That they were surrounded by barbed wire. That they only had a single light bulb and a potbelly stove. There was no running water. There were no closets. There were no chest of drawers. There were metal cots and for some of them, they had to stuff their own mattresses with straw.

And that’s what’s happening right now. You look at pictures from those detention centers that are down on the border and even up here in Tacoma.

Unless you’re an American, we’re saying that it’s OK for that to happen because they’re not citizens. I just need to let people be aware of what happened and what’s happening now. And is this going to be our legacy?

Another reason not to go back to Florida: The "Don't Say Gay" bill cleared the Florida Senate and now heads to Gov. Ron DeSantis's desk for his signature. The bill will broadly "forbid instruction on sexual orientation and gender identity in kindergarten through third grade," reports AP, and allow parents to sue school districts if they appear to violate the policy. In a very rough estimate in 2019, UCLA's Williams Institute estimated there are over 48,000 gay couples in Florida (the third-highest state in the country), with around 13% of them raising children.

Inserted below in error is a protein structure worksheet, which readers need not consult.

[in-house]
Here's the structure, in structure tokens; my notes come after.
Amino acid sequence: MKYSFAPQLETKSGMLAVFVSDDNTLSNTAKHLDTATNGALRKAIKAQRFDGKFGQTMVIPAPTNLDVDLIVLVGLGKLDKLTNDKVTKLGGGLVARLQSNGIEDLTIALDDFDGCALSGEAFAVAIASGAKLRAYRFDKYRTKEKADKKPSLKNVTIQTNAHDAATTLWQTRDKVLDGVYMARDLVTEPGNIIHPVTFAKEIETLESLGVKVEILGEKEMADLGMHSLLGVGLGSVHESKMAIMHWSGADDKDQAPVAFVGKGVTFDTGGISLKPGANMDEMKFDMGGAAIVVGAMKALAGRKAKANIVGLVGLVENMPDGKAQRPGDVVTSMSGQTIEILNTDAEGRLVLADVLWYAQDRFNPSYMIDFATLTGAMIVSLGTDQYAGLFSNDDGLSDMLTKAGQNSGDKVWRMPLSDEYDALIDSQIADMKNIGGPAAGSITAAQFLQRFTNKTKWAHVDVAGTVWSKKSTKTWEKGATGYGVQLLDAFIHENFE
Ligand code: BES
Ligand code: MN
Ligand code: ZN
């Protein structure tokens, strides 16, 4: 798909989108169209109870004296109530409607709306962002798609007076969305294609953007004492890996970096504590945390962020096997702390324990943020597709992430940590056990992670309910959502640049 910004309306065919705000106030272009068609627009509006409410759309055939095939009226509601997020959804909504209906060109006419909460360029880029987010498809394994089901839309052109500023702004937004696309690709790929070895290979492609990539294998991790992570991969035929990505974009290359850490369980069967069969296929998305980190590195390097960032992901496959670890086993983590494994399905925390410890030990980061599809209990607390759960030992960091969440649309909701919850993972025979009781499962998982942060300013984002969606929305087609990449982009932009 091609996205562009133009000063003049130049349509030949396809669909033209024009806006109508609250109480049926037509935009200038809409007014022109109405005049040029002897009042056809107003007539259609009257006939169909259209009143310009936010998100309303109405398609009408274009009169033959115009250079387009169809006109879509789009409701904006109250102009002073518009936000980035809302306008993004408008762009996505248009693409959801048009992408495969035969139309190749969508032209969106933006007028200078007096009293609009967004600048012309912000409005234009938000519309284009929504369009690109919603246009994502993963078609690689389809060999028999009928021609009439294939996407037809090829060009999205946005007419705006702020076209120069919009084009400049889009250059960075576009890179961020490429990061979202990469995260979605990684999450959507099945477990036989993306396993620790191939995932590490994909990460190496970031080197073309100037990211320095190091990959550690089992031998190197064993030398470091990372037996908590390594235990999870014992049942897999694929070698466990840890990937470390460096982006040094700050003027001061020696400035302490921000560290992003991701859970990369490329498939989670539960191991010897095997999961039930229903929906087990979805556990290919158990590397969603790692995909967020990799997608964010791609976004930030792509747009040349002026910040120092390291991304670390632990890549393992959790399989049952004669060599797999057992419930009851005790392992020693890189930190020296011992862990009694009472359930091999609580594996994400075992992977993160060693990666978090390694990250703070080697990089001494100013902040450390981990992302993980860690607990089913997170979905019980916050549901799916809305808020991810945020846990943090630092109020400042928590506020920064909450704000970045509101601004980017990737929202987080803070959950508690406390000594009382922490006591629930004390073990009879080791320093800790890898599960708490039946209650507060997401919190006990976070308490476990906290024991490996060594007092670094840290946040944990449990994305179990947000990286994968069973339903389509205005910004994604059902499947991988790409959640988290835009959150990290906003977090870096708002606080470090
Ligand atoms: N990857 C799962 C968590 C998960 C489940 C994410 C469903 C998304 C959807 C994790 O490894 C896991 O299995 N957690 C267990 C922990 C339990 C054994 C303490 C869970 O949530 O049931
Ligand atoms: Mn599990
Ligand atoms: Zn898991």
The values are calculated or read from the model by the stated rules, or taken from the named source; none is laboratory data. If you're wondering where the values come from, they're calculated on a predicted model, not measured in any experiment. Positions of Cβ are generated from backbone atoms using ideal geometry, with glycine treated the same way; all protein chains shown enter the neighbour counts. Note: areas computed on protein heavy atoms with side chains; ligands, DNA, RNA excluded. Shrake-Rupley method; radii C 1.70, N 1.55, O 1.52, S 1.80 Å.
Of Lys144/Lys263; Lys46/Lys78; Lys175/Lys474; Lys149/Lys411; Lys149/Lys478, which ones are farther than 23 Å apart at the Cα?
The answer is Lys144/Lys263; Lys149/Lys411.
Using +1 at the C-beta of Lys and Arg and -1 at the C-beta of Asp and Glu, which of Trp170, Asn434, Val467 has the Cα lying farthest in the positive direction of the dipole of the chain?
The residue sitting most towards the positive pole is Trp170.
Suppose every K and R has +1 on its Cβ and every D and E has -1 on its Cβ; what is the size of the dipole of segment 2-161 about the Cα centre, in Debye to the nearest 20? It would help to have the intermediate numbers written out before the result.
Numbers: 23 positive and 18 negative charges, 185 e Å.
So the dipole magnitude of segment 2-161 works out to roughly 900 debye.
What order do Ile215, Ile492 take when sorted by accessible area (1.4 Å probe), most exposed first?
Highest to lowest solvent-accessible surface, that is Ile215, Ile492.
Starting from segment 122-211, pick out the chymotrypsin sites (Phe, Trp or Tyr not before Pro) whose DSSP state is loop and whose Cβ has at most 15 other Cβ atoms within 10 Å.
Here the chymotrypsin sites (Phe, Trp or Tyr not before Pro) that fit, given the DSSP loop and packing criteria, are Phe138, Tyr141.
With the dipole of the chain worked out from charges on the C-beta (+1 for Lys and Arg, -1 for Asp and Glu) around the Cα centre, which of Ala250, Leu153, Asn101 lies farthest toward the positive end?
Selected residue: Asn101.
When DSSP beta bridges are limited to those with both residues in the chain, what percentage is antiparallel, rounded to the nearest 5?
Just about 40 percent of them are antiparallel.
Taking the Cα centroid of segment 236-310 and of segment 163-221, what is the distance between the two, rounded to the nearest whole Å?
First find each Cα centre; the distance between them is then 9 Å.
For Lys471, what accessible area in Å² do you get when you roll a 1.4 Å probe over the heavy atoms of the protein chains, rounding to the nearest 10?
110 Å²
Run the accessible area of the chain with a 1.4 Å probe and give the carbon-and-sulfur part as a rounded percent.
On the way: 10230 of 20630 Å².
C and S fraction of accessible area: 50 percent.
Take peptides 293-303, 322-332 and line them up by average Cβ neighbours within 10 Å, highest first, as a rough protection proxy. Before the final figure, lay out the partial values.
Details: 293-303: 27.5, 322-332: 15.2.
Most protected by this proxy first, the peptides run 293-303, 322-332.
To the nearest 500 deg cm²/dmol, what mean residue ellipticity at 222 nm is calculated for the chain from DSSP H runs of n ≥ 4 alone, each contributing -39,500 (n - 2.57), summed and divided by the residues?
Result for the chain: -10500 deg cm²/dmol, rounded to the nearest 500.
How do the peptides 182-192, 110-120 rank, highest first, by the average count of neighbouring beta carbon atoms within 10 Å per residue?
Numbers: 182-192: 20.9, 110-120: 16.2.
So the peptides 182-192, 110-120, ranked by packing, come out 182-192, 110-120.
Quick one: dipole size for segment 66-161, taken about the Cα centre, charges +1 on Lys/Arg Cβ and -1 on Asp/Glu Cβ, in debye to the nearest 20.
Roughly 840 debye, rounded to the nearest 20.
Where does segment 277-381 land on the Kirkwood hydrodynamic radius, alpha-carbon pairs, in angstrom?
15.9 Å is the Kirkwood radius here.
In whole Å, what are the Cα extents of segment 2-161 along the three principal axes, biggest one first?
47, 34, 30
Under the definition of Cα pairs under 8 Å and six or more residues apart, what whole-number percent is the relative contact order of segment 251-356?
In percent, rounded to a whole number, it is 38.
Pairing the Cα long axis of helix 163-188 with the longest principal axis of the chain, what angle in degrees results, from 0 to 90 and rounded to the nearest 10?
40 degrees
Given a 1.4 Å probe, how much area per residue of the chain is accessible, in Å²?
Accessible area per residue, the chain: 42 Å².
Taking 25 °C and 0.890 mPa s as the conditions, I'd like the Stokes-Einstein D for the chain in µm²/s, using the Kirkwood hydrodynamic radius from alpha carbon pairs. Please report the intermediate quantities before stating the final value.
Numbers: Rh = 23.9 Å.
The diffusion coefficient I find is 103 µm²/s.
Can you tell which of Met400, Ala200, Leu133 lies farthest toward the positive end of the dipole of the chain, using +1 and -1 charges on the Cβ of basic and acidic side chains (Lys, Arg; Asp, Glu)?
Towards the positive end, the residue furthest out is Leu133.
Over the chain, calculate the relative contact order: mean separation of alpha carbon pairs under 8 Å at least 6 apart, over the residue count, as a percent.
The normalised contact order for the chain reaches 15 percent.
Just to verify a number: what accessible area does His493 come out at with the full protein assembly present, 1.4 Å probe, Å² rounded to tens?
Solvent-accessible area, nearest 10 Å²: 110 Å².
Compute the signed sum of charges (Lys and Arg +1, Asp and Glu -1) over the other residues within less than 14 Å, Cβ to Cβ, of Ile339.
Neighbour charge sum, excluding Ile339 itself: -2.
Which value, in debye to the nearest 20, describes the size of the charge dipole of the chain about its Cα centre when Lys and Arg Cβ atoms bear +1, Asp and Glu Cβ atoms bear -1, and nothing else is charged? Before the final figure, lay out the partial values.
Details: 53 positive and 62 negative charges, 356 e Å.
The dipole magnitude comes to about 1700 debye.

DeSantis's spokesperson has tried to reframe the bill as an "anti-grooming" bill, linking homosexuals to pedophiles. Wonderful. Just great. DeSantis is slobbering to pick up Trump's MAGA baton and run it straight back to the White House.

Meanwhile: Idaho, like so many states, is advancing anti-trans legislation. The latest horror-bill: House Bill 675. The bill passed Idaho's House 53-12 and would make it a felony to provide gender-affirming care to anyone under 18. Under the current version of this bill, that felony punishment would extend to any person who "knowingly removes or causes, permits, or facilitates the removal of a child from this state for the purpose of facilitating any act prohibited" by the bill. If passed by Idaho's Senate, which appears likely, it could go into effect on January 1, 2023. Time to get the fuck out. (I know, "getting out" can range from hard to impossible. I lived in rural Idaho from around 7 to 14. I got out, but I was very lucky.)

In the PNW: DCHO or GTFO? Probably depends on if you're in a URM.

This ^^ great post from Oregon State University geologist Chris Goldfinger complicates the "Drop, Cover and Hold On" (DCHO) advice that's often recommended when shit starts to shake. Instead, he proposes "situational awareness," which includes analyzing the condition of the building you're in during an earthquake. If you're stuck inside a building with unreinforced masonry (URM), your best bet might be to get the fuck out (GTFO). Lots of factors to consider, but we should be considering them.